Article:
Origin and History
The regiment was raised in 1648. A second battalion was raised in 1744. It garrisoned in Gottingen.
During the Seven Years' War, the regiment was commanded by:
- since 1748: von Hardenberg
Service during the War
On July 26 1757, during the French invasion of Hanover, the regiment took part in the battle of Hastenbeck where it was deployed in a detachment posted between Afferde and Diedersen. This detachment executed an outflanking movement against the French offensive at Hastenbeck and caused near panic among the French towards the conclusion of the battle.
On May 26 1758, the regiment was with Ferdinand's main force in the camp of Nottuln. On May 31, it accompanied Ferdinand in his offensive on the west bank of the Rhine. On June 23, the regiment took part in the battle of Krefeld where it was deployed on the right wing under the command of the Erbprinz (Hereditary Prince) of Brunswick. At 1:00 PM, it followed the Hereditary Prince in his attack against the wood held by Saint-Germain Division. Towards the end of the battle, the Hereditary Prince and Gilsa rallied Allied infantry units (probably including this regiment) and advanced onto the plain. The Comte de Gisors at the head of 4 squadrons of Carabiniers charged these advancing battalions who let them close in to about 20 paces before firing a devastating volley mowing down in an instant most of the first rank. A single squadron managed to break through but the third rank of infantry knocked it down.
In June 1759, the regiment was part of the main Allied army under the command of the Duke Ferdinand of Brunswick. On August 1, the regiment took part in the battle of Minden where it was deployed in the first line of the 4th column under Major-general von Scheele.
On November 13 1761, when Ferdinand established his headquarters at Einbeck, the Allied army took its cantonments to the exception of a corps placed under the command of Lieutenant-general Conway who took position along the Huve near Einbeck. The regiment formed part of this corps.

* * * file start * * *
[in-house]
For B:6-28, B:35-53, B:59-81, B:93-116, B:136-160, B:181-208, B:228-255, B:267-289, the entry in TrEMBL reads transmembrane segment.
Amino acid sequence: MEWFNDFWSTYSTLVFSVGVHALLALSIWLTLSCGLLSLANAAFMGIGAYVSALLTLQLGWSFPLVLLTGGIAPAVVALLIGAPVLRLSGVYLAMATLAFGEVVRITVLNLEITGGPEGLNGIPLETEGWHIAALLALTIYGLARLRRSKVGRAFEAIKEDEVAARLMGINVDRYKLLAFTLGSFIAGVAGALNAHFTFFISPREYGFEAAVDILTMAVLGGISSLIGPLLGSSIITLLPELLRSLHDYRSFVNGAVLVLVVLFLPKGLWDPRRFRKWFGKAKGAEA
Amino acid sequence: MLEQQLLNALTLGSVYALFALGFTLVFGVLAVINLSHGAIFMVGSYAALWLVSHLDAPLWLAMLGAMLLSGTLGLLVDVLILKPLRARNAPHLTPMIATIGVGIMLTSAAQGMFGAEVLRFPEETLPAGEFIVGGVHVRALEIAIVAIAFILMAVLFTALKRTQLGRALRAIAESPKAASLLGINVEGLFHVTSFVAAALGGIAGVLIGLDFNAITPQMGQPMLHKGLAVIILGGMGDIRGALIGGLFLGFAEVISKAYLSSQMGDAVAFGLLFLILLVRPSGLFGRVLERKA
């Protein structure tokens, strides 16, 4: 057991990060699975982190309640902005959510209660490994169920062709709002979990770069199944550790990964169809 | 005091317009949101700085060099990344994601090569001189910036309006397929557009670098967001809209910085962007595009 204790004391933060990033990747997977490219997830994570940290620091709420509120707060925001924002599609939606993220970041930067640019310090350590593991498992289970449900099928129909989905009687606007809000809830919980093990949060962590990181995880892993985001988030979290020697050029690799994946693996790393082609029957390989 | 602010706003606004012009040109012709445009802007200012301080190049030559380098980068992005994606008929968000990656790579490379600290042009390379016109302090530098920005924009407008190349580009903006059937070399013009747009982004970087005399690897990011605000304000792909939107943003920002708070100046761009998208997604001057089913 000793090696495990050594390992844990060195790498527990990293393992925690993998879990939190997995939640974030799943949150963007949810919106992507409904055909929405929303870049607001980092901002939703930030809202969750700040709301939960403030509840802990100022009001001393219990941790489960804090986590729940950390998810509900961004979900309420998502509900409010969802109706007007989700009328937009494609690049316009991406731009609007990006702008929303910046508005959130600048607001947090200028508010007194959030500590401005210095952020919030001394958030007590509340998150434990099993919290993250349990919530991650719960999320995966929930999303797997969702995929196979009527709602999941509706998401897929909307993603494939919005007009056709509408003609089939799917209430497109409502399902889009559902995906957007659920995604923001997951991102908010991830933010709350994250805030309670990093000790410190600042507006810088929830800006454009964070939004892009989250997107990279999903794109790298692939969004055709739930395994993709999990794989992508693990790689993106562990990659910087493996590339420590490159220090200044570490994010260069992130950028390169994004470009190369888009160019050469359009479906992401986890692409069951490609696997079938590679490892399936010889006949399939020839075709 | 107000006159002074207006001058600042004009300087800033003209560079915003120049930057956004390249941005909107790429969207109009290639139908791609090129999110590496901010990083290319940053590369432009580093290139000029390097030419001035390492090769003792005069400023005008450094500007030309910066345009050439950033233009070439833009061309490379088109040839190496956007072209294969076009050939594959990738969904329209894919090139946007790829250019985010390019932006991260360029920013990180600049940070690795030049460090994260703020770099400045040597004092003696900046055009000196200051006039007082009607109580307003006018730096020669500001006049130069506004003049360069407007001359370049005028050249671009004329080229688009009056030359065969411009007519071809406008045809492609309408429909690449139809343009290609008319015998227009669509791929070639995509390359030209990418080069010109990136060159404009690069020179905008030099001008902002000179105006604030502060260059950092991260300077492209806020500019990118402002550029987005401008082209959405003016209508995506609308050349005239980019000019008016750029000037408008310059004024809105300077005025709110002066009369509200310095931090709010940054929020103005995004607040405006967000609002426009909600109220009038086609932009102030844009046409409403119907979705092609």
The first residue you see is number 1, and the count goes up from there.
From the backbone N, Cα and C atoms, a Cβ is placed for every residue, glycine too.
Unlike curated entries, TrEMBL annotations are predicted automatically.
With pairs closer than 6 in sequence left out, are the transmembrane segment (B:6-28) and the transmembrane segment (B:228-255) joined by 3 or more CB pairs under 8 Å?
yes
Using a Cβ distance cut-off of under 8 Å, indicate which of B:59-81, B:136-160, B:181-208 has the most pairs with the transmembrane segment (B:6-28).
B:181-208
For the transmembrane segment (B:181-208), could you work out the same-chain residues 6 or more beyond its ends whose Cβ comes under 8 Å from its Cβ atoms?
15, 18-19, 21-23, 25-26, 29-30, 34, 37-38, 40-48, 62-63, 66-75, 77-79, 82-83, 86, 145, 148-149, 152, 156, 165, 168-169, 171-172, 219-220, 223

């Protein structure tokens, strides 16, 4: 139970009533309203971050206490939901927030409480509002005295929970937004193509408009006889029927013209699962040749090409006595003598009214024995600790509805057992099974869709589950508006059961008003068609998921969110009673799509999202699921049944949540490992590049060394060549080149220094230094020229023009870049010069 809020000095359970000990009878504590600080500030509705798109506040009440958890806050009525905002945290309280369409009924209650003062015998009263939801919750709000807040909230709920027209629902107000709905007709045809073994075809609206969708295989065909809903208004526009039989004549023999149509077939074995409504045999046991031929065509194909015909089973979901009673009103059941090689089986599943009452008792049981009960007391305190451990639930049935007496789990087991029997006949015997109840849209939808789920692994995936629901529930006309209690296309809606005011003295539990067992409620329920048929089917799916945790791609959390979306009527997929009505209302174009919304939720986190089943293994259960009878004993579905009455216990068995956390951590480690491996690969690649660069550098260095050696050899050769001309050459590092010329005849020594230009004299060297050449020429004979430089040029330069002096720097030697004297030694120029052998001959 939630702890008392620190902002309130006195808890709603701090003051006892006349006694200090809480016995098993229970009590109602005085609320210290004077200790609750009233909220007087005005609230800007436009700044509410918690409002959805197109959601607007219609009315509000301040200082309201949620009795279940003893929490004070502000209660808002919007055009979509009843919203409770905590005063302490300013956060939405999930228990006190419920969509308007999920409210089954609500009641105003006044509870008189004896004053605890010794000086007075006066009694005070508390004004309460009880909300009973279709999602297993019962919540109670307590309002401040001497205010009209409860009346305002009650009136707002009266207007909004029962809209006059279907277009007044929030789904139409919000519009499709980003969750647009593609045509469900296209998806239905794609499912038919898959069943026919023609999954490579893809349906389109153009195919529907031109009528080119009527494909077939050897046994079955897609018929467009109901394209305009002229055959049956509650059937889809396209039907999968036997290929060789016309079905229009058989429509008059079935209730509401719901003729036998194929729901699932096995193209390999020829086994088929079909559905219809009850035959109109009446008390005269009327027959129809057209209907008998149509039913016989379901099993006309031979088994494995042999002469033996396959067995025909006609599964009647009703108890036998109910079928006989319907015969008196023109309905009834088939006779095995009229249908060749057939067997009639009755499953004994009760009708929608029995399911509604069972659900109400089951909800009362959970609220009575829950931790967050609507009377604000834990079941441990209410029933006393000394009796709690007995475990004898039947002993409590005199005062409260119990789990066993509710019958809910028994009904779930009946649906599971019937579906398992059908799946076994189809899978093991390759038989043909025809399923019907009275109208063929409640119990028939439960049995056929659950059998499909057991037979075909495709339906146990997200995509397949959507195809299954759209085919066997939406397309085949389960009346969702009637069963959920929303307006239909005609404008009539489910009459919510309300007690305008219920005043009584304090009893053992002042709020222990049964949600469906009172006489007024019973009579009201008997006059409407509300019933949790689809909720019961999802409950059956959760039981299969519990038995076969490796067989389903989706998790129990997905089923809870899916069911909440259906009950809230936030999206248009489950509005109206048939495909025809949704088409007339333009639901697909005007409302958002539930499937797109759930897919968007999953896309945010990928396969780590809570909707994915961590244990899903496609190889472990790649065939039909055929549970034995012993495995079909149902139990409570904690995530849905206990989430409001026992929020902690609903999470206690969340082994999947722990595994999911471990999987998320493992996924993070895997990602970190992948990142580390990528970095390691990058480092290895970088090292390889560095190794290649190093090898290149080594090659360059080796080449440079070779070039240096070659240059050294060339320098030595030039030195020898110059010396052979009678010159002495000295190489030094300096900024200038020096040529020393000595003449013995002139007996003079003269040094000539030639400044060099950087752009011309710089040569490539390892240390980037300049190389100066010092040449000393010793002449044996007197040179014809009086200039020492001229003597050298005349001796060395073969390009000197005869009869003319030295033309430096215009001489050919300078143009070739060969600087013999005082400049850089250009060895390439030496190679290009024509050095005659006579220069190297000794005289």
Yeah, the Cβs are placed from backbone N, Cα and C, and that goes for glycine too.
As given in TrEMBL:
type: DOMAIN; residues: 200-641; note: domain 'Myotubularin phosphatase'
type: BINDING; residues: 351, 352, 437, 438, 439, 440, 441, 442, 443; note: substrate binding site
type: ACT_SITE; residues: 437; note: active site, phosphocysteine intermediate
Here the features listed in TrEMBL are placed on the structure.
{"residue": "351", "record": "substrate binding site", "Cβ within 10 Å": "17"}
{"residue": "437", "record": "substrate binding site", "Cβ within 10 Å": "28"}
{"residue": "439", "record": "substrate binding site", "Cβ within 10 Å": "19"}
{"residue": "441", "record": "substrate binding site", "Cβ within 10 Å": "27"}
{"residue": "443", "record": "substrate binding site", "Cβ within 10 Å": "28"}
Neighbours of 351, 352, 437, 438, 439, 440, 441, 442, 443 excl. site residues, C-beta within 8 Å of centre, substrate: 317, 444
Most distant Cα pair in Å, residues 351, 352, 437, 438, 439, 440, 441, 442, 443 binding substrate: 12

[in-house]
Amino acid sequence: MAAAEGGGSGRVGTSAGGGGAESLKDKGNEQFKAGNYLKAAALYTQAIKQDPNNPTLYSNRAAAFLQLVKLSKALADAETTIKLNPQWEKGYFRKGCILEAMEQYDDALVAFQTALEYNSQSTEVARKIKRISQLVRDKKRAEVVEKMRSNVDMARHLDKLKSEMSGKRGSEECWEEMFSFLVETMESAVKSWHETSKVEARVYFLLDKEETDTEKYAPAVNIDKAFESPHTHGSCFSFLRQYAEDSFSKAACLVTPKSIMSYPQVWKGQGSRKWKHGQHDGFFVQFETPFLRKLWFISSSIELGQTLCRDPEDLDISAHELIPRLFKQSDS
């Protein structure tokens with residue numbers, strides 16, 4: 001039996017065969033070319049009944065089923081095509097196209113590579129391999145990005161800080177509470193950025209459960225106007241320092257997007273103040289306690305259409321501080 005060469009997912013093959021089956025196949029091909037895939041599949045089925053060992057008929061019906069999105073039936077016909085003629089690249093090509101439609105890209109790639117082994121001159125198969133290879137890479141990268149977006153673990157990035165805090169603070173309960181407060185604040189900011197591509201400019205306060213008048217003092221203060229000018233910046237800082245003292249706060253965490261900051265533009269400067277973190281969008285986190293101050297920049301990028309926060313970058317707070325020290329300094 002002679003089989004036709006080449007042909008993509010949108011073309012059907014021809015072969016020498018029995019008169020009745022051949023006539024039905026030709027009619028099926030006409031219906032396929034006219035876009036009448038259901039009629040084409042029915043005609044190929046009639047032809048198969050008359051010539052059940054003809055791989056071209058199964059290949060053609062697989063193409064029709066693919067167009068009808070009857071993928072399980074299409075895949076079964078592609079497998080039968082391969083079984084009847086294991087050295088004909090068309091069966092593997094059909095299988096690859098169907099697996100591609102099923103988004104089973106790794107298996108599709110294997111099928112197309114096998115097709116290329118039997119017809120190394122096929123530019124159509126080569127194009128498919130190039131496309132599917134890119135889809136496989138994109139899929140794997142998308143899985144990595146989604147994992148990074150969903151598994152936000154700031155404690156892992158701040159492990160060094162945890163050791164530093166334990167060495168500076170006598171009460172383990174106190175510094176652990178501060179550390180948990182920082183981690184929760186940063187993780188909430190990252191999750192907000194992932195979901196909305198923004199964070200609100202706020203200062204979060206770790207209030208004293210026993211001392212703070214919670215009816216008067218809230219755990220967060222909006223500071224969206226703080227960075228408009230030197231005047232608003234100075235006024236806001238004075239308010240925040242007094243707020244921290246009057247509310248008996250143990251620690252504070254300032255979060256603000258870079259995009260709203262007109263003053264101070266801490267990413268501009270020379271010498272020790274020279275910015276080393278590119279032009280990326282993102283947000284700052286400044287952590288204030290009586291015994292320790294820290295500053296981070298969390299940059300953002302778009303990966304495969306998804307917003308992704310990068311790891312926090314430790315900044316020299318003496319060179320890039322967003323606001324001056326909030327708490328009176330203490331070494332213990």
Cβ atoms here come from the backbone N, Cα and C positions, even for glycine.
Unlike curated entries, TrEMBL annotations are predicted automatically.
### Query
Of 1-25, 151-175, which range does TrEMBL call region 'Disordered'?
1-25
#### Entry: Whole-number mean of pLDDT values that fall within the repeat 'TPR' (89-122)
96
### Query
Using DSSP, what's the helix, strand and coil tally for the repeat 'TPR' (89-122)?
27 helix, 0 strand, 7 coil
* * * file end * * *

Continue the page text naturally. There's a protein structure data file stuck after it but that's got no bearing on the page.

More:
By May 23 1762, the regiment served with the Main Allied Army in Major-general von Bock's Brigade. On June 24, it took part in the battle of Wilhelmsthal under the command of Ferdinand of Brunswick.
|Coat||red with 2 pewter buttons and 2 white buttonholes under the lapels (hidden by the sleeve in our plate)
|Waistcoat||orange with 2 horizontal pockets, each with 3 pewter buttons|
N.B.: all textual sources indicate orange as the distinctive colour but graphical sources show a rather pale orange (almost buff).
Troopers were armed with a musket and a sword (brass hilt), and carried a dark brown haversack with a metal canteen on the left hip.
Officers had silver lace lining the cuffs and lapels, a black cockade hat, a gold gorget with the arms of Hanover in the centre and carried a yellow sash slung over the right shoulder. Sergeants wore straw gloves. Partizans were carried.
Drummers wore a red coat with swallows nest and lace in white.
The drum pattern had hoops in alternating orange and red diagonal stripes, white drum cords over a brass drum with the Arms of Hanover in the centre.
Colonel Flag: White field bearing the arms of Hanover (common to all Hanoverian infantry regiments except 10-B).
Regimental Flag: Orange field, lion rampant armed with a sword, below a trophy of arms, white scroll, motto above "OFFENDO ET DEFENDO", flower blossoms on the edge of the flag. Hereafter, we present an illustration from the Reitzenstein Sammlung, dating from circa 1761 (left) and the interpretation of Hannoverdidi (right).
Biles, Bill, The Hanoverian Army in the 18th Century, Seven Years War Association Journal Vol. VI No. 3
Gmundener Prachtwerk, circa 1761
Knötel, H. d. J. and Hans M. Brauer, Uniformbogen Nr. 45, Berlin
Niemeyer Joachim, Ortenburg Georg, The Hanoverian Army during the Seven Years War
Pengel & Hurt, German States in the Seven Years War 1740 to 1762, Imperial Press
Reitzenstein Sammlung, Bomann Museum, Celle
Rogge, Christian, The French & Allied Armies in Germany during the Seven Years War, Frankfurt, 2006
Vial J. L., Nec Pluribus Impar